Saturday, August 18, 2018

Catching the End of Innocence

I read The Catcher in the Rye by J.D. Salinger many moons ago, either in junior high or high school. I remember liking it without totally understanding it. But there was something relatable about it, I remembered. A few weeks ago, I came across a copy on my mom's bookshelf and read it again. Of course, it was relatable! While my journey through adolescence was some time ago, I still remember the angst and the excitement. I also have a front row seat as my kids are growing up. This is why I have an entirely new appreciation for Holden Caulfield.

I didn't go to a private prep school. I have no sense of what it's like to grow up in the '50's. New York is almost a foreign country to me. But I still connected to this story – this strange, stream-of-conscience narrative about a boy who paints himself as an outsider and is disgusted with any bit of superficialness. Who doesn't relate to the angst of growing up, discovering others' imperfections, and trying to figure out who you really are? Not long ago, my daughter and I were having a conversation with someone who told us how difficult high school had been for their daughter – lots of pressure to fit in! Later, Alex said to me, "And she was one of the mean girls." Everyone struggles. Even the mean girls. Maybe, especially the mean girls.

Holden is a literary hero. He's so utterly self-aware, honest, tormented, and, yet, not without hope. I love that he understands how all mothers are insane (I agree), but he truly doesn't want his own mother to worry about him. It's almost a lesson in parenting. Salinger reminds us that kids do care about their parents, but they'd prefer them to back off a bit. Ageless wisdom in this era of the helicopter parent.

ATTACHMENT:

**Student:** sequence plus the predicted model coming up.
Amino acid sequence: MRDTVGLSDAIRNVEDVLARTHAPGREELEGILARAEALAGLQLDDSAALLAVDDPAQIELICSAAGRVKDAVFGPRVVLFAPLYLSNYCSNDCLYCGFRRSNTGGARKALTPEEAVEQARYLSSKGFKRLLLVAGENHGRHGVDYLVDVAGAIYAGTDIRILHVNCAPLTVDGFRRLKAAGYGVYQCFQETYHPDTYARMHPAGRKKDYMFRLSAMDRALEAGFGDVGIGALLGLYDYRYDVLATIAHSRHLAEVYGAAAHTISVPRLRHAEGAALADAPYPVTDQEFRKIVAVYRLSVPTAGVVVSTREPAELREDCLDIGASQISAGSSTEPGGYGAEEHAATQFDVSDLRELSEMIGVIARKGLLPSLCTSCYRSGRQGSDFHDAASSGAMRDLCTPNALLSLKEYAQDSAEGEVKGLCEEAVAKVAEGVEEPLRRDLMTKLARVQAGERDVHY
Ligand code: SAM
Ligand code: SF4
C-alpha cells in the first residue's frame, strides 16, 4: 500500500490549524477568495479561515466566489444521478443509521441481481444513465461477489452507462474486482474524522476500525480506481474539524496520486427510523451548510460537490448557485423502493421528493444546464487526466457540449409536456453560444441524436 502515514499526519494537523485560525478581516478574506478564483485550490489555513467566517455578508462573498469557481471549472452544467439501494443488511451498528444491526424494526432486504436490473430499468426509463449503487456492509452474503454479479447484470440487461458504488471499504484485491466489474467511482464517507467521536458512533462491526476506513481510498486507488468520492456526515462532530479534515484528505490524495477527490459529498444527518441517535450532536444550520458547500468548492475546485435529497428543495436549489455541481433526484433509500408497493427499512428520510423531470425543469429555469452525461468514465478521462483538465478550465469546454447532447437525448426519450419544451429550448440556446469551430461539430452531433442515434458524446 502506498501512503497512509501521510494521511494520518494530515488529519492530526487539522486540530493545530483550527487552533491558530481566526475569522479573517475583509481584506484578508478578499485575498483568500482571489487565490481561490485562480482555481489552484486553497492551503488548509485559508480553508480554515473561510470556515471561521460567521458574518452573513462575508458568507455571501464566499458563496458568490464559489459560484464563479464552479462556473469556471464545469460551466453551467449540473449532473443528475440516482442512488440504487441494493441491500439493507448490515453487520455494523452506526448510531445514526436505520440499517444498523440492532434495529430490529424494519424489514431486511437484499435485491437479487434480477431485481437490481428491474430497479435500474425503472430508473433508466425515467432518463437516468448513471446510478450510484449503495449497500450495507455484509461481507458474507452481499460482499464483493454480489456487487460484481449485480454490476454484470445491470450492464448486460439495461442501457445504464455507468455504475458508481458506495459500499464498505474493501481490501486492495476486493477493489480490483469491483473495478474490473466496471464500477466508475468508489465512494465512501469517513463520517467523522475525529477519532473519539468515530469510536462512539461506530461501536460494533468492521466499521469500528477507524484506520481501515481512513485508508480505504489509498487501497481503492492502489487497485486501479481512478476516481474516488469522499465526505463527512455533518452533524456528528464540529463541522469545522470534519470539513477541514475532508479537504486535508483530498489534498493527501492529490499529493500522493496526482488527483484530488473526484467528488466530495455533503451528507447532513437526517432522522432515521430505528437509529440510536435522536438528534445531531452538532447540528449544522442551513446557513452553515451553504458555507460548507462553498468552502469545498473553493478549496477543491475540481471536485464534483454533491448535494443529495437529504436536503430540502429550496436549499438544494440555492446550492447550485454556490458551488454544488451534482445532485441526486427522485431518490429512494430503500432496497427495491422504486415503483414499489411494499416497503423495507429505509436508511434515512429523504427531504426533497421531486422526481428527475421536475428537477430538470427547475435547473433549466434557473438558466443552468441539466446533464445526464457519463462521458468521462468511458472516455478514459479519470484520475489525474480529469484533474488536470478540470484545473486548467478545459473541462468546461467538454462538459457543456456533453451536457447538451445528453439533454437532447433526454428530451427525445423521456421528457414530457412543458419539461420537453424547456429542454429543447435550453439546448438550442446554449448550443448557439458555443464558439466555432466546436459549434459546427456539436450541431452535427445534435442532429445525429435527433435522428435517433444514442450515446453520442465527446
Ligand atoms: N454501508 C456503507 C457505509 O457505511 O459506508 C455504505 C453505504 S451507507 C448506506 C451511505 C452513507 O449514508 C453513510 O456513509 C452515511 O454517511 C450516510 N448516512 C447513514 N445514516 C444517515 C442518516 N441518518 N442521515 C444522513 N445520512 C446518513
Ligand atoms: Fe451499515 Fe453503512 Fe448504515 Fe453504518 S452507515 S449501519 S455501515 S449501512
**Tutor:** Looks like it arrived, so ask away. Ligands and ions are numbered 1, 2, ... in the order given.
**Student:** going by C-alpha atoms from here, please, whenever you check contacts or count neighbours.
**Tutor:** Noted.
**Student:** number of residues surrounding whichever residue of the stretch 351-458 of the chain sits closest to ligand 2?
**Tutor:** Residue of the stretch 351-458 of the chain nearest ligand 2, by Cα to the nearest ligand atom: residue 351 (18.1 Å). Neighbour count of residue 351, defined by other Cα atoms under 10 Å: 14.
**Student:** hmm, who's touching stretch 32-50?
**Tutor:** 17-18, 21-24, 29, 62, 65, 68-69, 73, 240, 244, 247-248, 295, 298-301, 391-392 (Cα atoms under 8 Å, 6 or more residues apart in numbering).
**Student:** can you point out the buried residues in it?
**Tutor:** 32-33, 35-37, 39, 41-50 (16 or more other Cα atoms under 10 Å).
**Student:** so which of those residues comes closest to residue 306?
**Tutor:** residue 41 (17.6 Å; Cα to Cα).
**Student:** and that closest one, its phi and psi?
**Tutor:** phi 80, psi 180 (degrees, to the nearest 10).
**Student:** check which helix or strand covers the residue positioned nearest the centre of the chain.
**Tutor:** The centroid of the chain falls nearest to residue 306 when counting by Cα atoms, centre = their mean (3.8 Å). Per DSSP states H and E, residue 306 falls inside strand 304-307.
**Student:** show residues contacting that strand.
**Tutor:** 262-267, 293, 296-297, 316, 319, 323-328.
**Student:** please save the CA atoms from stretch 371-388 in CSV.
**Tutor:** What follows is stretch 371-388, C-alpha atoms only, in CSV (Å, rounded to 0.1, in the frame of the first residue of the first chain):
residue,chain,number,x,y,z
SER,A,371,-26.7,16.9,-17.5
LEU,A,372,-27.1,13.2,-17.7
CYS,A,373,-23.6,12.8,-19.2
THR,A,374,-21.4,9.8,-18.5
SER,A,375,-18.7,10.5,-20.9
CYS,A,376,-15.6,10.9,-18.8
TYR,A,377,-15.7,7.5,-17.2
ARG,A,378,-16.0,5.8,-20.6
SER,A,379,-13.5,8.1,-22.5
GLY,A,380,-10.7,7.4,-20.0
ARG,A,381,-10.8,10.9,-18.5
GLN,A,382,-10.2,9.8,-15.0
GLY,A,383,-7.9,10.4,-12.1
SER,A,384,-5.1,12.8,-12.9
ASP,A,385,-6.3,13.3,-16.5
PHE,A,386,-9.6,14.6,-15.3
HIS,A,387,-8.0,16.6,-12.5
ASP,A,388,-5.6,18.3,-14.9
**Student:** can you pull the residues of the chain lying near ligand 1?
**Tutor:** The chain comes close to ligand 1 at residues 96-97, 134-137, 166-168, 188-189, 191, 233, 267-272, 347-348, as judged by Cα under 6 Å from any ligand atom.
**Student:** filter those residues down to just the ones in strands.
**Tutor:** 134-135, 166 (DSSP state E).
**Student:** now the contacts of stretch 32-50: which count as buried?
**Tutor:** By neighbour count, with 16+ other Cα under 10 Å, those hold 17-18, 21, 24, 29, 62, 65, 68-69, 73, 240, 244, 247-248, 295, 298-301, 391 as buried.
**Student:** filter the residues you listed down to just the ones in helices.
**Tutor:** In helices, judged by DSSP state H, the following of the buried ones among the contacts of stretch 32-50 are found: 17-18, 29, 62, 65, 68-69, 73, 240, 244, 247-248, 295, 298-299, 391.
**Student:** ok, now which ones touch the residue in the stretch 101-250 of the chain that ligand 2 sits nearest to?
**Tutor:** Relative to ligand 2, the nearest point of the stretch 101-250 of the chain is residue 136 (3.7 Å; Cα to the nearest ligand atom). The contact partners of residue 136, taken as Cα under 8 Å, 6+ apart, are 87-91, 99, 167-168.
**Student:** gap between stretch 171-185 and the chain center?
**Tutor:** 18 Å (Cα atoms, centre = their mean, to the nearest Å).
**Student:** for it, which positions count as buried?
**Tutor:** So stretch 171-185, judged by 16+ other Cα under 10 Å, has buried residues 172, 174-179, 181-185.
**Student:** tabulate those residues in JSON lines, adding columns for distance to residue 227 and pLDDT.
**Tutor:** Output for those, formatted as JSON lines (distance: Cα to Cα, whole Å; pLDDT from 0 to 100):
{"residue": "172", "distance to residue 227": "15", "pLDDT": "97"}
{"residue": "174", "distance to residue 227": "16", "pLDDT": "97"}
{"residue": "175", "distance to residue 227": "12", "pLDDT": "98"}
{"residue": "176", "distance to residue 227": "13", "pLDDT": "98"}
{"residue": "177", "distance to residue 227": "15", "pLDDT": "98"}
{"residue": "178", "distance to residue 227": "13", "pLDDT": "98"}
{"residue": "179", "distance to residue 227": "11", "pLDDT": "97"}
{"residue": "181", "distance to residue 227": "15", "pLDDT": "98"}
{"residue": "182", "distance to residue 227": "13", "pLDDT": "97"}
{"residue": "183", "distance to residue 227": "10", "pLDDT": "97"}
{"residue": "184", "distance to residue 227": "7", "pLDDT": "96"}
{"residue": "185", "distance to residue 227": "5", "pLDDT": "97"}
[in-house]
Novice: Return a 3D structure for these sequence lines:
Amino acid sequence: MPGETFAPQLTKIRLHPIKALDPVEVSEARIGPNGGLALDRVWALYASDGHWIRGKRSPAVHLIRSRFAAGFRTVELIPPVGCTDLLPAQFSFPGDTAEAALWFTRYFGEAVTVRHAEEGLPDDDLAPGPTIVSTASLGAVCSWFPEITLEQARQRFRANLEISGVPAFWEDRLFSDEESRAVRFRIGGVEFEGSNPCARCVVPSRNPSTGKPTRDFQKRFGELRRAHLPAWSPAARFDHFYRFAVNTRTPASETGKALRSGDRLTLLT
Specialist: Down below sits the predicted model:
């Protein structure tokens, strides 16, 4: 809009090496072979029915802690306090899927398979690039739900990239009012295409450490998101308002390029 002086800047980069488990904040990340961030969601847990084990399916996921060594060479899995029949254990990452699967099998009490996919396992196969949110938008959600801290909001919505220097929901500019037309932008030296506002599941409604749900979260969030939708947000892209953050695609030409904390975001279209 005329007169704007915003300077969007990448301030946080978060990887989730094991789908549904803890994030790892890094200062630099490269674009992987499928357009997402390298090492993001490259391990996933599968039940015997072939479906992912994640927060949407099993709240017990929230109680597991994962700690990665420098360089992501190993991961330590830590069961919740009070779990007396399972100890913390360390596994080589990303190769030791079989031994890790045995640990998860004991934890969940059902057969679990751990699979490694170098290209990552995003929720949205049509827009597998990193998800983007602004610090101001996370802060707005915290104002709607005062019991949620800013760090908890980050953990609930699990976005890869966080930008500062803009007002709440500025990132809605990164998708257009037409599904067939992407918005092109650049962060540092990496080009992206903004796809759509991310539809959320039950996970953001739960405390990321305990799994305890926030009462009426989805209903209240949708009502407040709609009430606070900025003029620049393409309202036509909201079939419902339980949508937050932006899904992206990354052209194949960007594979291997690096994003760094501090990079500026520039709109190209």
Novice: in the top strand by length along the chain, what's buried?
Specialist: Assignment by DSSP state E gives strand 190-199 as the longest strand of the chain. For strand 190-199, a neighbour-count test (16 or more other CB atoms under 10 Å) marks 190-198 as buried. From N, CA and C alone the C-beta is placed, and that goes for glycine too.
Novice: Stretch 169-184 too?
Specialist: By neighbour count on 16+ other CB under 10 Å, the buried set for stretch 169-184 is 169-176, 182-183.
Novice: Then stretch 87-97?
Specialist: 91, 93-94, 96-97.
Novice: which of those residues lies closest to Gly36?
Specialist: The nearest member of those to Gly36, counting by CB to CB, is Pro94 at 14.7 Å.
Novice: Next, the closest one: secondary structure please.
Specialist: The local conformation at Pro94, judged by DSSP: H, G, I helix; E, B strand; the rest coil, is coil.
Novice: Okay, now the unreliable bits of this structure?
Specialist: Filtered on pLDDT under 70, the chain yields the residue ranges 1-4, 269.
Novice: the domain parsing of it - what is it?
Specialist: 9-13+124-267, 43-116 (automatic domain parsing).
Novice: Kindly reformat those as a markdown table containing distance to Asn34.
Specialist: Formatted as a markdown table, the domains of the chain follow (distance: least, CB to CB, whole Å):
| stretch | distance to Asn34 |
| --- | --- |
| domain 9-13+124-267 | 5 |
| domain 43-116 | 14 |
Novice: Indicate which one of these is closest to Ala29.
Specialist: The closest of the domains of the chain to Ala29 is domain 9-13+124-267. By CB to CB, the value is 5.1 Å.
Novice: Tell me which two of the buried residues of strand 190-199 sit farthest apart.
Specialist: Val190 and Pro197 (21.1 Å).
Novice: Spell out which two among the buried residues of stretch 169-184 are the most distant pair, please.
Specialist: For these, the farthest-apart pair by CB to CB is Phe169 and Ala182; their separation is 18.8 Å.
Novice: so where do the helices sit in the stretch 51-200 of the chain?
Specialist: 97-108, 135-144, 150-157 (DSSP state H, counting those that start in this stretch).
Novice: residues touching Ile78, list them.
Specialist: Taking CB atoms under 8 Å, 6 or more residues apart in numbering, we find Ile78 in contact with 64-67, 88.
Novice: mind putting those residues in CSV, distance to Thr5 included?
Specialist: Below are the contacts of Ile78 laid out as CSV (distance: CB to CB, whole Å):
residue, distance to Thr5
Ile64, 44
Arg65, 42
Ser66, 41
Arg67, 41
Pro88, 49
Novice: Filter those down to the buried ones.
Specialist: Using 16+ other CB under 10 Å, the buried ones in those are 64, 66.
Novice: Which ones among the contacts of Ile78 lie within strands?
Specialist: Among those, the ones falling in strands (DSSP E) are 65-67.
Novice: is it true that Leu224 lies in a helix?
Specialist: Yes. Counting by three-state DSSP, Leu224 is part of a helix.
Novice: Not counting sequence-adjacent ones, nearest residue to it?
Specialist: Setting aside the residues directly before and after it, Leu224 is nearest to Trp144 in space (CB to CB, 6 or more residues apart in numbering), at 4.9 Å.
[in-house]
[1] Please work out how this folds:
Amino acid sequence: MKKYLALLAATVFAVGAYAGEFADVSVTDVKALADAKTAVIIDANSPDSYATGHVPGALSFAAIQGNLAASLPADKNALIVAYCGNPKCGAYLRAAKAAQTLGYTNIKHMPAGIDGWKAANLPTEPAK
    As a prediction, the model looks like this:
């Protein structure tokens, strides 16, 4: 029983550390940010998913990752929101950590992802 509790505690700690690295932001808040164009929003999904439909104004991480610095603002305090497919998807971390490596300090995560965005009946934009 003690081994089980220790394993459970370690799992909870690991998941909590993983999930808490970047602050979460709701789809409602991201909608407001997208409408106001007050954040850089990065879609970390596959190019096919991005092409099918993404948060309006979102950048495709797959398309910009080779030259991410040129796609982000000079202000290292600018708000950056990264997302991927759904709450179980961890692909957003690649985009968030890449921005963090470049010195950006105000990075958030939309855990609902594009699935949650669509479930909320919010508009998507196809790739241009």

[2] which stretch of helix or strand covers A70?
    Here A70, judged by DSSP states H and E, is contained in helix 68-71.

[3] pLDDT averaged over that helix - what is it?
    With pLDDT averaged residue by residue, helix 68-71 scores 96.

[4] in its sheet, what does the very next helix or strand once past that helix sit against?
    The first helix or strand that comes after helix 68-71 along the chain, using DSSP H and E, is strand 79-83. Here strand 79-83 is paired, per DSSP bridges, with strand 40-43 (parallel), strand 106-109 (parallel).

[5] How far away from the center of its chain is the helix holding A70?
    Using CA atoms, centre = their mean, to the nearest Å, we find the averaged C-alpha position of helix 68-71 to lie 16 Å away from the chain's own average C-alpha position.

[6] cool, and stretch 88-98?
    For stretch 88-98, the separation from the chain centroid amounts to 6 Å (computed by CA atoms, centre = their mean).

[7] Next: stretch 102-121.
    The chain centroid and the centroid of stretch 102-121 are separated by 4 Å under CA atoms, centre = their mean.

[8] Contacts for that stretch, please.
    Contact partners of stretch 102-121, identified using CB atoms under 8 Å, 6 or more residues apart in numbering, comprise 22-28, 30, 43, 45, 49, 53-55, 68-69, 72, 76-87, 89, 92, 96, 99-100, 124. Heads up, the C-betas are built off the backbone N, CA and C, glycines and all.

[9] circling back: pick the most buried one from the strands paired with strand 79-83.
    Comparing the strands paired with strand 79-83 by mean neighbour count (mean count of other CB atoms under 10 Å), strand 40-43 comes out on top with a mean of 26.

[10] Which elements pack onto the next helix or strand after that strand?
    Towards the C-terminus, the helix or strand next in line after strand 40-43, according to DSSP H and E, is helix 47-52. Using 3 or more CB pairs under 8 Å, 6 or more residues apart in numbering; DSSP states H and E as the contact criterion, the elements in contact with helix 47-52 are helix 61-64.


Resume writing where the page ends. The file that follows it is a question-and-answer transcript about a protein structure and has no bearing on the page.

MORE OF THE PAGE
I'm also amused by Holden's obsession and confusion over women. He seems to be equally in love and annoyed by them. "... I didn't even like her much, and yet all of a sudden I felt like I was in love with her and wanted to marry her." Ahhh, the joy of young love. Or young lust. You decide.

Holden is most interesting because of his contradictions. He hates movies, but he seems to watch a lot of them. He worries desperately about an old crush, but he's not willing to reach out to her. His conversation with a cab driver captures this see-saw nature of Holden's sentiments:

"I let it drop... Besides, he was such a touchy guy, it wasn't any pleasure discussing anything with him."

Then Holden asks the driver to go out for a drink.

"He didn't answer me, though. I guess he was still thinking. I asked him again, though. He was a pretty good guy. Quite amusing and all."

The story takes place over a few short days, after Holden is kicked out of school, again. We don't know what lies ahead for him. But somehow we get the feeling he'll be okay – even if he isn't quite okay right now. After all, he's extremely self-aware.

"I know. I've very hard to talk to. I realize that."  –Holden Caulfield

Holden doesn't seem to know what he wants to do with his life, but it's obvious he's clinging to the innocence and sense of wonder of childhood. This is most obvious when he relates a recurring dream to his beloved little sister. Holden stands in a field of rye and catches children as they fall off a cliff. Now that's a metaphor.

Salinger reminds us how intensely we felt in our youth. The extreme highs and the extreme lows. He reminds us that it's okay to be different and to be uncertain. It's challenging stuff, but it's what connects us all. And as a parent, it reminds me to be more tolerant when I wonder what in the heck is going through my kids' heads. So, yes. It's a great coming-of-age story. But it's not a bad parenting guide as well.

Friday, August 3, 2018

Homegoing and the Power of Family Lore

It's time  to review some books! I've been reading aplenty, but I have this rule of only posting positive reviews. Don't worry. I have a few on my list to keep this blog from going dormant! But I'll start with one of my top reads from last year.